This year marks the 60th anniversary of the quaint little town of Mayberry, North Carolina.

Danny Thomas had a spinoff from his own show – an episode that introduced America to Sheriff Andy Taylor. In 1960, viewers met the occupants of the small town of Mayberry.

Mayberry, the setting for “The Andy Griffith Show,” was a fictional town based on actor Griffith’s hometown of Mount Airy.

Taylor, in the first year of the series, bears little resemblance to the sheriff of the later seasons. The first version of Taylor could be construed as a country bumpkin who had his share of faults and a lot of times was brought into line by his girlfriend Ellie – Eleanor Donahue. Over the next several years, Griffith’s character became more stoic, more “Lincolnesque,” if you will.

Five of the eight years that the show ran on the air, Sheriff Taylor had an inept deputy in Barney Fife, who was his best friend. Fife was played by actor/comedian Don Knotts.

Other regulars on the show included the sheriff’s son Opie (Ron Howard) and Aunt Bea (Frances Bavier). Aunt Bea never married, but she did have a few gentlemen callers who expressed an interest in her but for one reason or another, they never seemed to work out. Taylor was a widower himself. His wife had passed before the series had begun.

Floyd Lawson (Howard McNear), the town barber, provided the hotbed of any gossip in town. Floyd could be said to have been played by two different characters during the Howard McNear era. After about two years on the show, the actor suffered a stroke.

He was such a wonderful actor and person that Griffith did his best to accommodate McNear when he came back to the show. He had trouble walking so they always had him sitting in the barber chair or sitting on the bench out front, and he spoke with a little bit of a drawl. His character wasn’t as fidgety as he was in the first couple seasons, but he never missed a beat with his portrayal of Floyd.

Actor Jim Nabors played filling-station attendant Gomer Pyle – who eventually had his own hit show, “Gomer Pyle, U.S.M.C.”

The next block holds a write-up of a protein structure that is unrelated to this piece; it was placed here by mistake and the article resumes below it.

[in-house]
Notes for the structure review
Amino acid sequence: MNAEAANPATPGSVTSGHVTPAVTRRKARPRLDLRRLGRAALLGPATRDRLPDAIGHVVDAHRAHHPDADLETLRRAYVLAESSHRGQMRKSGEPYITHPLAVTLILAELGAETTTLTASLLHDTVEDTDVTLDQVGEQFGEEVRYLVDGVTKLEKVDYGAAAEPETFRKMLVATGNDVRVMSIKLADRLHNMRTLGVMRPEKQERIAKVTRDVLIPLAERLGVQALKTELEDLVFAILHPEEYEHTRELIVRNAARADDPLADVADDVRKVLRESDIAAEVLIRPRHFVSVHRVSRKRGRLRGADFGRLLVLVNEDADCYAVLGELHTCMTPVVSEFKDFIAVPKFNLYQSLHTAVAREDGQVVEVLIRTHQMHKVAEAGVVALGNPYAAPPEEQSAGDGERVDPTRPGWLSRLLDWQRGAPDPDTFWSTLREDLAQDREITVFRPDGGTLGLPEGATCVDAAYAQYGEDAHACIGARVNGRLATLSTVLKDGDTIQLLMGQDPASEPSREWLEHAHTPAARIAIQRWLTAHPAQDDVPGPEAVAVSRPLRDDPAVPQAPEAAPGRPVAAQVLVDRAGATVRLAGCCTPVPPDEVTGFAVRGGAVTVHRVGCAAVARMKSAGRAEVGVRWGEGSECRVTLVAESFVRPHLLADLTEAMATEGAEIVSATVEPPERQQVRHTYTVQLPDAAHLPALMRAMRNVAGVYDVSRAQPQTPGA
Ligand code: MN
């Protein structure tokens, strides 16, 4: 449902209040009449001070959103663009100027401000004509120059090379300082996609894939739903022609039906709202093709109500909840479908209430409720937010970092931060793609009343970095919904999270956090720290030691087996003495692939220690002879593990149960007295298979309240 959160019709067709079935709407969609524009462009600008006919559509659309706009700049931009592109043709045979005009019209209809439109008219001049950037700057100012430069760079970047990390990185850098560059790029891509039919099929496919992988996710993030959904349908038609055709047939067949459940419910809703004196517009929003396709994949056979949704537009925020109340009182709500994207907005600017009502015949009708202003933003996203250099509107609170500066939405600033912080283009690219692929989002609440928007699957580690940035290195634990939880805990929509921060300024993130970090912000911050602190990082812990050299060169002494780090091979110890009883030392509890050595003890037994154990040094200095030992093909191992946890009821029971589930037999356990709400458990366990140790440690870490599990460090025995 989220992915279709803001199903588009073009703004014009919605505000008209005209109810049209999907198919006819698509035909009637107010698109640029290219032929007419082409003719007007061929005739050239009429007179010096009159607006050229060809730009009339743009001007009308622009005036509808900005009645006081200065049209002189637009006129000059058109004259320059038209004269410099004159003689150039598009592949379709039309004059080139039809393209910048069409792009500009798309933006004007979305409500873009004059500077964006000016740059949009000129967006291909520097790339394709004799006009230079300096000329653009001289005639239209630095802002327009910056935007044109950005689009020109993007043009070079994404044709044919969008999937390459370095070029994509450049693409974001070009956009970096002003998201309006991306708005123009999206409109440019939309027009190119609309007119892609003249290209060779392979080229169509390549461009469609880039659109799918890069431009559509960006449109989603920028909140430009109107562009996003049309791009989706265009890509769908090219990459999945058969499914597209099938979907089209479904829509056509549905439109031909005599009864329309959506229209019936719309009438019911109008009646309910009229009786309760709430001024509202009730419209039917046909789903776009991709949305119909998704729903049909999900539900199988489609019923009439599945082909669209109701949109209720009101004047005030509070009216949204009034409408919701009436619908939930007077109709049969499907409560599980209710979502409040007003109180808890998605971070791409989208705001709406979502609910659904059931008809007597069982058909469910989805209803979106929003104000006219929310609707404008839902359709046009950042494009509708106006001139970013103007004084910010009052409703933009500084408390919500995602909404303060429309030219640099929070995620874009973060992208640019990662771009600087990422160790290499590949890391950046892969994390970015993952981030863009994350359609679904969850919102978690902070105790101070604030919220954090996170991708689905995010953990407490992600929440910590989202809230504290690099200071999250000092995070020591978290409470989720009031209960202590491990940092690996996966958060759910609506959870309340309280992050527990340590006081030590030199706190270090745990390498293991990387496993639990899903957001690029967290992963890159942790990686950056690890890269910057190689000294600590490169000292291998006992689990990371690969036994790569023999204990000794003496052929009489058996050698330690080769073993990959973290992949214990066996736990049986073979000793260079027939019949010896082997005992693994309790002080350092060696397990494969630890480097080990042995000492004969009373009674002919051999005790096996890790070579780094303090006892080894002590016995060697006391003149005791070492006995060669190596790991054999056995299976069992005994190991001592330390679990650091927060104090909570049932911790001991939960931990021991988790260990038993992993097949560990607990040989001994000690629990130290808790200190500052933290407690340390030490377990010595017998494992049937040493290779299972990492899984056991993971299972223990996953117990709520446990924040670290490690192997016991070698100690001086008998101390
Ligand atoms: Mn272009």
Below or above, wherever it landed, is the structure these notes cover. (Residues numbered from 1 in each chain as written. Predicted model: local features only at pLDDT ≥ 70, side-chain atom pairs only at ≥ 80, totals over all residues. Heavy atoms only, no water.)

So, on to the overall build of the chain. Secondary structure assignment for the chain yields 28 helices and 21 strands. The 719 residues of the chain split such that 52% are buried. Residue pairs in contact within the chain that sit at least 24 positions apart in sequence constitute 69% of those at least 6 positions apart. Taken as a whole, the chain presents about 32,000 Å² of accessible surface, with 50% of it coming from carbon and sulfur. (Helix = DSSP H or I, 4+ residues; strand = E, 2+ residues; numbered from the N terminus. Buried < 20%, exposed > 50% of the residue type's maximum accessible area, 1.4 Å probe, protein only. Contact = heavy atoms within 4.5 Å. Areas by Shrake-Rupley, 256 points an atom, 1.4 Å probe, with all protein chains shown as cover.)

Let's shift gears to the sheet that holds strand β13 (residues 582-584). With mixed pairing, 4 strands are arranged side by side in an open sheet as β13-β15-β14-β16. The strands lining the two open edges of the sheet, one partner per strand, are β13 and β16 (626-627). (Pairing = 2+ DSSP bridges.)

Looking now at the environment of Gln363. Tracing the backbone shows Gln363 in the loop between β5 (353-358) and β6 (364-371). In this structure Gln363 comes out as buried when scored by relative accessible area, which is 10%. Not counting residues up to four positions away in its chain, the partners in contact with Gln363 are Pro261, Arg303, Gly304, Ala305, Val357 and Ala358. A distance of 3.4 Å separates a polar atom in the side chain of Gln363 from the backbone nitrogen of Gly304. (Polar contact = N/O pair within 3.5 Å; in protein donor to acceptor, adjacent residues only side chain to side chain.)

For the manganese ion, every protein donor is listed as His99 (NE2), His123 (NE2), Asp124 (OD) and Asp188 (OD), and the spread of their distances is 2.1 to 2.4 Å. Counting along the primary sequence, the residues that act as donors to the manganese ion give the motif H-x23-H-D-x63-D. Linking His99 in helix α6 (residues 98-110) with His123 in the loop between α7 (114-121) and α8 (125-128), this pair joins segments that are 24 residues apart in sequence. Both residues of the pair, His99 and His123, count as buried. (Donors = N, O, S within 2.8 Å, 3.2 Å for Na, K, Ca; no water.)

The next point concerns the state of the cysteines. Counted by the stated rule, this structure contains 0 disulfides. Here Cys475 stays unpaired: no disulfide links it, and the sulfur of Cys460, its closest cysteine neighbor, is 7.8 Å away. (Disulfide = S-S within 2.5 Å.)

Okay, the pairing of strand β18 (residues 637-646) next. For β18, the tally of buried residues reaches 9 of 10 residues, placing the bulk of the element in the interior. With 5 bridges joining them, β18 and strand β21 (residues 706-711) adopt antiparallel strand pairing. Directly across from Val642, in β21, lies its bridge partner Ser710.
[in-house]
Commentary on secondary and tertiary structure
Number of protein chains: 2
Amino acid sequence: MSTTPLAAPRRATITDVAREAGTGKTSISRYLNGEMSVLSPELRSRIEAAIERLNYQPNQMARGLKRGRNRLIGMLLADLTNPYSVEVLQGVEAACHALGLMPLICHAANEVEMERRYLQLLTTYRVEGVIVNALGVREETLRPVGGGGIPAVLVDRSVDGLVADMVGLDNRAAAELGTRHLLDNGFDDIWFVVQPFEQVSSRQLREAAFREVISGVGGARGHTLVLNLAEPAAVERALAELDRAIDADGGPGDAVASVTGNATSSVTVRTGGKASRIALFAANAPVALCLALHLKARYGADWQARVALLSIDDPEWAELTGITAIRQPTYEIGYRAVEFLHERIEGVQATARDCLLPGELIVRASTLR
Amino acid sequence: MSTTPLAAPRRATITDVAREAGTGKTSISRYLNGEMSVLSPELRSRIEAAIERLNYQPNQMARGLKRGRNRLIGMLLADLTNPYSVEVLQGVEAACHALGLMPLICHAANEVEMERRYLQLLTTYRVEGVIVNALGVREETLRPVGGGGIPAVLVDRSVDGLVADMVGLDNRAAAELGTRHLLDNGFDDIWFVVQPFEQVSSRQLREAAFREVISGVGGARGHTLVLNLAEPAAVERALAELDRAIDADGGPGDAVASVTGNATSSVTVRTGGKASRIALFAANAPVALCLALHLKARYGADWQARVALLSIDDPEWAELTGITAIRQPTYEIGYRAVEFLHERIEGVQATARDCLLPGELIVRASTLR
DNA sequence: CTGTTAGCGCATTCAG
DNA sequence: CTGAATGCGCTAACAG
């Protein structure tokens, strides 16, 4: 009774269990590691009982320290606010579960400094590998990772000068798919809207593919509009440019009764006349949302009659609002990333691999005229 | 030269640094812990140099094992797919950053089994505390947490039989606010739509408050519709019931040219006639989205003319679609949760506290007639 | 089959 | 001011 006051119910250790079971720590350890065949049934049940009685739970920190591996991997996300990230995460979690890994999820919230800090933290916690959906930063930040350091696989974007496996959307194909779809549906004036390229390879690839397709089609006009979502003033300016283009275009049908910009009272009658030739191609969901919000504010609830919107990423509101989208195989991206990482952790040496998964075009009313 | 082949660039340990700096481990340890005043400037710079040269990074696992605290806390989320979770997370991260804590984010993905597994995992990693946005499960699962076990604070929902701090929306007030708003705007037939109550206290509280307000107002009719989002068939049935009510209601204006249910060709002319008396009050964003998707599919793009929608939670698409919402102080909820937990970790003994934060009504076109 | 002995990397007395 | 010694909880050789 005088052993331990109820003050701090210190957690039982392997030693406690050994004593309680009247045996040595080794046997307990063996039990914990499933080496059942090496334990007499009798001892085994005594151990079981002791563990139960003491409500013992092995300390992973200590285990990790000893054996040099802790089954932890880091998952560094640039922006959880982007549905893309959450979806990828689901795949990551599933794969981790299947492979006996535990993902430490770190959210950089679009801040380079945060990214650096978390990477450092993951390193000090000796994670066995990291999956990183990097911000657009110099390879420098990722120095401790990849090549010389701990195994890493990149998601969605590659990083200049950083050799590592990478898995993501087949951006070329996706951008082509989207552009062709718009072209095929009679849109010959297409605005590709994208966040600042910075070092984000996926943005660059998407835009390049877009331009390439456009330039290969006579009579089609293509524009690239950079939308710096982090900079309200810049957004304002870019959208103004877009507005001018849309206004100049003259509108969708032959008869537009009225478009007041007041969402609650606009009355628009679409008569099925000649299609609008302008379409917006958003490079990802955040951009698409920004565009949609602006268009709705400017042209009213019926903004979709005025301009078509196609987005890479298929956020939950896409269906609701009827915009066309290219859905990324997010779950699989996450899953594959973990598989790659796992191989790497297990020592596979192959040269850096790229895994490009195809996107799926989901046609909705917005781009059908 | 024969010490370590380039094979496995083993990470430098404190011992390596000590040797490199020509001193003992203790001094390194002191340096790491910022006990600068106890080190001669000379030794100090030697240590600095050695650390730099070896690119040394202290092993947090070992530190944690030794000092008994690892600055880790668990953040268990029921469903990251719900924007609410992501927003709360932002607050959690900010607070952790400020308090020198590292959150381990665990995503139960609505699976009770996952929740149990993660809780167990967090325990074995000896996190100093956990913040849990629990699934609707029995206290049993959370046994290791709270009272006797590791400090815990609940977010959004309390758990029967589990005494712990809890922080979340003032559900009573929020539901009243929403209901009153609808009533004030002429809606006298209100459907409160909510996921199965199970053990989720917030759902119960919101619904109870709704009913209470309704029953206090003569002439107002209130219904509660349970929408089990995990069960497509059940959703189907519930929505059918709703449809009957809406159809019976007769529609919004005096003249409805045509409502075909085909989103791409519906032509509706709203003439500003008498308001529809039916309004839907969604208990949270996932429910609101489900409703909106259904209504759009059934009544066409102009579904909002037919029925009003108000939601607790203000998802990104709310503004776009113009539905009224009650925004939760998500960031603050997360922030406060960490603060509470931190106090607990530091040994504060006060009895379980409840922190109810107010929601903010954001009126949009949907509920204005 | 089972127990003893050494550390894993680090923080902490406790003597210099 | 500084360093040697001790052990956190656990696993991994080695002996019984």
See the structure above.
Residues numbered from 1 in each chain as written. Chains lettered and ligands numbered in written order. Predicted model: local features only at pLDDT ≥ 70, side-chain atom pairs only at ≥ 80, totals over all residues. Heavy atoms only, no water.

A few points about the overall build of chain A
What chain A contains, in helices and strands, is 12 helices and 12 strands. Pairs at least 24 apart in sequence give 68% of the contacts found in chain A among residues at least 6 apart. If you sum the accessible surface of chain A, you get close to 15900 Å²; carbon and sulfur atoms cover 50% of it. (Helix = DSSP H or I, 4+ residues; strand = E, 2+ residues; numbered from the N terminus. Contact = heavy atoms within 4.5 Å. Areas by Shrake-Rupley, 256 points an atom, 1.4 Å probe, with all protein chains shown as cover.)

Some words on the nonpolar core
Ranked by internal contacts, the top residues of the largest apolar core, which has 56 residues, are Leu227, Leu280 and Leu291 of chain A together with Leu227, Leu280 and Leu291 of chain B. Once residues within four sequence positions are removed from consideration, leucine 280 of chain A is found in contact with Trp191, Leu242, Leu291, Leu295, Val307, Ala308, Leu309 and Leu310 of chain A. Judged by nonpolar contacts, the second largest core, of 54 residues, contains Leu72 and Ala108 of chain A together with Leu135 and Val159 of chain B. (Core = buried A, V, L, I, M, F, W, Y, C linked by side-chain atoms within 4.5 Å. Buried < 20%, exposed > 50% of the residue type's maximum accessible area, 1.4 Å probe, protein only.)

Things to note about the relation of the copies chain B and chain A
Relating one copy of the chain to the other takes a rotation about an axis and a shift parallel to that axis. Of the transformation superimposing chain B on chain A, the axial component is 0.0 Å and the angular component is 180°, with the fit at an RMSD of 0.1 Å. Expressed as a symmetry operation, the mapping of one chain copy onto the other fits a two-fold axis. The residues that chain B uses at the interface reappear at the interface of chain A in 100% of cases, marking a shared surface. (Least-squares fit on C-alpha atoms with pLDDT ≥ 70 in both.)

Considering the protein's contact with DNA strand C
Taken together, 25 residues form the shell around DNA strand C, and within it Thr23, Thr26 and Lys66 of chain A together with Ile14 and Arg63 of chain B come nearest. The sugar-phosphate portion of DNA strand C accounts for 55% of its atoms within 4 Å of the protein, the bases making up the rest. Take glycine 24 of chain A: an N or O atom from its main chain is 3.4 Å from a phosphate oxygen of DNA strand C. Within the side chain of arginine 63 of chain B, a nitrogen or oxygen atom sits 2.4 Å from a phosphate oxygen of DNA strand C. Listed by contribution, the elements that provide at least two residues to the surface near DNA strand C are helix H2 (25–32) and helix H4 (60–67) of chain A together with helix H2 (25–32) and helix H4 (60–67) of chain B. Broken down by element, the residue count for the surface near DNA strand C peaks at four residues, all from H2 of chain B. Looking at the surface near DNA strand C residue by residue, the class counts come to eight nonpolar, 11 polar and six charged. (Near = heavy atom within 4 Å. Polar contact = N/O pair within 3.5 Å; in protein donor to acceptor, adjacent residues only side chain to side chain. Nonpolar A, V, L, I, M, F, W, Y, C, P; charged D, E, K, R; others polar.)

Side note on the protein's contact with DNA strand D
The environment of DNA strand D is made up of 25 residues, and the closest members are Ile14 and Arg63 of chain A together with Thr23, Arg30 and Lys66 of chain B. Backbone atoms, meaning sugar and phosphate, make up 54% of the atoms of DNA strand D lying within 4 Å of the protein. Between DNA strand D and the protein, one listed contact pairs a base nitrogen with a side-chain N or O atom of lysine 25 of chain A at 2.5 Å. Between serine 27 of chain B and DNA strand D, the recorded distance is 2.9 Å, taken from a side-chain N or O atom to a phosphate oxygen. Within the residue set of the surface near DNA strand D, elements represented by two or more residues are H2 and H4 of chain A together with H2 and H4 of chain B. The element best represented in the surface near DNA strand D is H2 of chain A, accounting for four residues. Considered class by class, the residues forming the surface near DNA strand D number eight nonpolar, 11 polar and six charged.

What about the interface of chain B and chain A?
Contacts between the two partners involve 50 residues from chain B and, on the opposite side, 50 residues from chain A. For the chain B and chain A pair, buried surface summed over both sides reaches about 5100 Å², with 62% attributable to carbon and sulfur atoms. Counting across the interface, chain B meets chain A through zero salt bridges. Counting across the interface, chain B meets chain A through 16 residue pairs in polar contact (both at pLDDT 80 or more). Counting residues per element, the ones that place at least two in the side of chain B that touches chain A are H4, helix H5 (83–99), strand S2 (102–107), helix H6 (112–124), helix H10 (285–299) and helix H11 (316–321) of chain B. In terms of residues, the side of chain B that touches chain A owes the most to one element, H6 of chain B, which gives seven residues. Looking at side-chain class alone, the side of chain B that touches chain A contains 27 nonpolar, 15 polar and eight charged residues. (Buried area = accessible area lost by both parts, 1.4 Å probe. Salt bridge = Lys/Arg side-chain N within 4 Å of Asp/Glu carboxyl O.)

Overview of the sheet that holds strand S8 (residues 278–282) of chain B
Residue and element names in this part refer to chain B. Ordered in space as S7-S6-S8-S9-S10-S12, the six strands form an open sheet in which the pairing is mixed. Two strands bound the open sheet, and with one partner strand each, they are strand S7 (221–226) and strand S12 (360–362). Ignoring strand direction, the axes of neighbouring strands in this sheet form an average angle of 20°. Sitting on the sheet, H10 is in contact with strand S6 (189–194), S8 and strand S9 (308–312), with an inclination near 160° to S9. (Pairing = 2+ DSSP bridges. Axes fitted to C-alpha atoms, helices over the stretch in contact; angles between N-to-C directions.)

The character of Barney Fife had little redeeming value – except for laughs. Barney was a man of many flaws who always thought highly of himself – yet he was an inept deputy. Andy would only let him carry one bullet in his vest pocket of his uniform.

Barney’s girlfriend at the time was Thelma Lou, who was a very sweet, attractive young woman whom Barney obviously took for granted. Despite Thelma Lou’s faithfulness to Barney, he was carrying on with a waitress at the Bluebird Diner by the name of Juanita.

Thelma Lou’s best friend was school teacher Helen Crump. Helen was Andy’s girlfriend. After about a five-year courtship, Helen and Andy did get married.

Goober was Gomer’s cousin and took Gomer’s place at Wally’s Filling Station and was widely known for his imitations of Cary Grant and Edward G. Robinson. Goober was a kind-hearted soul and the writers came up with some great ideas for Goober during his run on the show, including being an intellectual in an adult evening class in Mayberry.

Five of the eight seasons of “The Andy Griffith Show” were in black and white, as most shows were back then, and the last three shifted to color.

Many people think the color episodes weren’t as good as the black and white episodes. I disagree. The color added a different tone to the series, but they were still as heart-warming as the black and white episodes.

The interesting thing about “The Andy Griffith Show” was that it was never out of the top 10 programs, rating-wise, during its entire run.

It wasn’t always peaches and cream with the Mayberry crowd. Another one of my favorite episodes – called “A Stranger In Town” – was about a young man named Ed Sawyer who moved into the town of Mayberry. He seemed to know everything about everybody there, yet nobody knew him. Barney even thought he was a Russian spy.

The people viewed Ed with suspicion – such as an episode out of the “Twilight Zone.” The show had a happy ending, as most did, but it shined the light on mistrust and suspicion and how that can affect even a community such as Mayberry.

So what was it that ultimately made Mayberry a popular show? I think it was the characters – well written, well defined. You always knew pretty much how they were going to react in certain situations. 

Aunt Bea and her friend Clara Edwards once wrote a song about Mayberry called “My Home Town.”

The song celebrated the folksy attitudes and slower lifestyle that Mayberry was known for.

In the end, it is what many of us wish for as we are growing up.

Bill Eggert is a Johnstown resident and regular community columnist for The Tribune-Democrat.​ He can be reached at WDE1928@gmail.com.

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